BUENOS AIRES | Eight health professionals will be tried in Argentina for manslaughter with aggravating circumstances, at the end of the investigation into the death in 2020 at the age of 60 of a heart attack of football legend Diego Maradona, announced Wednesday a judge. /strong>
A San Isidro judge upheld the lawsuit of these professionals, including a neurosurgeon and family physician, a clinical physician, a psychiatrist, a psychologist, a nurse manager and orderlies.
The prosecution had requested this trial in April, pointing out shortcomings and negligence in the care of the ex-star.
Maradona died of a cardio-respiratory crisis on November 25, 2020, alone, on his medical bed in a residence in northern Buenos Aires, while recovering from neurosurgery. He suffered from kidney and liver problems, heart failure, neurological deterioration and addiction to alcohol and psychotropic drugs.
The eight suspects will be tried for “simple homicide with dolus eventualis”, a characterized offense when a person commits negligence while knowing that this can result in the death of someone.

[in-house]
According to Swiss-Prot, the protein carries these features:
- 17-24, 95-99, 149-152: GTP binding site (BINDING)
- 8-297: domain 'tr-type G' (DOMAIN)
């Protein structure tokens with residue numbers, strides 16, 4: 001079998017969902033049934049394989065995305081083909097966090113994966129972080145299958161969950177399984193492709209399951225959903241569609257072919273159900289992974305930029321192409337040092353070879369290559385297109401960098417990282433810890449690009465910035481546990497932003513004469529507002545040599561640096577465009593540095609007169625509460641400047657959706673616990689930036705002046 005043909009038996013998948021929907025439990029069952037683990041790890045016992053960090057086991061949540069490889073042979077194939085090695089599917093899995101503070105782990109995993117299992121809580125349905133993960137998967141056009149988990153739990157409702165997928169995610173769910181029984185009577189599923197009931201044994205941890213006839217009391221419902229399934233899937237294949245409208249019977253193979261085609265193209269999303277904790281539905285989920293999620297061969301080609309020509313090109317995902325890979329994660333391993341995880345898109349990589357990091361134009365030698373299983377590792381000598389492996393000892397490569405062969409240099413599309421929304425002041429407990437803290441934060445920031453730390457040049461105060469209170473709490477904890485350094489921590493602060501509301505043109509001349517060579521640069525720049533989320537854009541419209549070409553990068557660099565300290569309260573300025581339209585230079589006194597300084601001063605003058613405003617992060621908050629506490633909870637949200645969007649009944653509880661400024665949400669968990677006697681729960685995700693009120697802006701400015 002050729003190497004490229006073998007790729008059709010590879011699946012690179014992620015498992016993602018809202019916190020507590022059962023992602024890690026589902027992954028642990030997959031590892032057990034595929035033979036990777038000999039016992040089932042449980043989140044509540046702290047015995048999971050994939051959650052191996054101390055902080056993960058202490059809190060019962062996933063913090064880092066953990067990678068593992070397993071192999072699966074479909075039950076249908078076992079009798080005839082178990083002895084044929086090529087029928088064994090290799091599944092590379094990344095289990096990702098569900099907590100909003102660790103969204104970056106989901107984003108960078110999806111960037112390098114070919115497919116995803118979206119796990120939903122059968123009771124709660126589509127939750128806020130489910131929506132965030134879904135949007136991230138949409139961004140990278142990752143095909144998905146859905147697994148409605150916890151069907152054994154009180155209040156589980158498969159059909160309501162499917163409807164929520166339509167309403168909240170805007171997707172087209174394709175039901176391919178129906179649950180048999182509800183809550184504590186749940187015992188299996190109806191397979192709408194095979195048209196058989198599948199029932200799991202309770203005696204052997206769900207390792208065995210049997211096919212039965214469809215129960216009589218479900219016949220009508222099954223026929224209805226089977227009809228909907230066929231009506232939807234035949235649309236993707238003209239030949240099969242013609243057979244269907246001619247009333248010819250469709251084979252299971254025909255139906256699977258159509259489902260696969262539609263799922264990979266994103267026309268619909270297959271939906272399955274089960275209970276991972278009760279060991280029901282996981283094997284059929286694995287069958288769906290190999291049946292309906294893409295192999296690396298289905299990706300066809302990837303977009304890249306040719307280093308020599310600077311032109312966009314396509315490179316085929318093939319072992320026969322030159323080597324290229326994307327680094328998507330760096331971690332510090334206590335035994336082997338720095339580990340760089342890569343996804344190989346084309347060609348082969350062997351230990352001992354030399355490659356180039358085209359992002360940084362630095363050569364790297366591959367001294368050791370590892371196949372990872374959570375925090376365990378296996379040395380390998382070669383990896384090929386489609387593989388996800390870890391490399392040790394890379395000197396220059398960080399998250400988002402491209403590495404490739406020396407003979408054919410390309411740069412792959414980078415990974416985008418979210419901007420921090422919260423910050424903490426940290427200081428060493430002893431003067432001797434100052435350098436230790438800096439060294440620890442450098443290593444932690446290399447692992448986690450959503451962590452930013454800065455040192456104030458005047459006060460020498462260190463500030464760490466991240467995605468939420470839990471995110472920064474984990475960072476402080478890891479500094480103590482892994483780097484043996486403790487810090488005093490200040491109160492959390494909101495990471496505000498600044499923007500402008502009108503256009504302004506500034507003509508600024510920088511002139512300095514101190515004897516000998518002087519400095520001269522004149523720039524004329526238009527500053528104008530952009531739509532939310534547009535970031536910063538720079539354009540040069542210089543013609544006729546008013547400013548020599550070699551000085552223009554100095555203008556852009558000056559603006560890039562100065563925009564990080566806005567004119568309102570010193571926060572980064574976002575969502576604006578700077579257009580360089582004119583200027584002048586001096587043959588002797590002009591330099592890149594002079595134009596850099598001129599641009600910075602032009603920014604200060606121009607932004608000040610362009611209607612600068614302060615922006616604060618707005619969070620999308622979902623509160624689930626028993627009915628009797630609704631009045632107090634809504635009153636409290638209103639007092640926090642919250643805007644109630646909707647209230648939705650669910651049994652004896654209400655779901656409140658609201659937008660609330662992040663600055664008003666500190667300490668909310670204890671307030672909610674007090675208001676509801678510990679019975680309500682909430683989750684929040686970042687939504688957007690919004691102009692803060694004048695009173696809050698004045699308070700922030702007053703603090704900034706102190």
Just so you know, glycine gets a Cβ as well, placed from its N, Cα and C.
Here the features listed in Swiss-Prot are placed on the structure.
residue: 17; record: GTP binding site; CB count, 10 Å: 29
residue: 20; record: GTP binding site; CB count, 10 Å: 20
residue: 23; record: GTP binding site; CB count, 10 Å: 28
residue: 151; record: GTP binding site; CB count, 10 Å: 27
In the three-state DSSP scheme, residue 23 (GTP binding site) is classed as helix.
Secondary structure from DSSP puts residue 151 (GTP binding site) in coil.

They face sentences ranging from 8 to 25 years in prison, but are expected to appear free at trial, as the San Isidro prosecutor's office never requested their pre-trial detention.
According to prosecutors, the personnel responsible for Maradona had been “protagonist of an unprecedented, utterly deficient and reckless hospitalization at home”, and allegedly committed a “series of improvisations, mismanagement and defaults”.
A report by expert, as part of the investigation, had concluded that the former player had been “abandoned to his fate” by his medical team, leading him to a slow agony.
Psychologist, doctor or nurse, the suspects had all during their hearings, defended their actions, within the framework of their field of competence, at the bedside of the champion.
Leopoldo Luque, attending physician and confidant of Maradona appearing among the defendants, s' was said to be “proud of what (he) did”, claiming to have “tried to help” Maradona.
No da te has been brought forward at this stage for the holding of the trial.
Katrine Johns has been a reporter on the news desk since 2013. Before that she wrote about young adolescence and family dynamics for Styles and was the legal affairs correspondent for the Metro desk. Before joining The Gal Post, Katrine Johns worked as a staff writer at the Village Voice and a freelancer for Newsday, The Wall Street Journal, GQ and Mirabella. To get in touch, contact me through my firstname.lastname@example.org 1-800-268-7128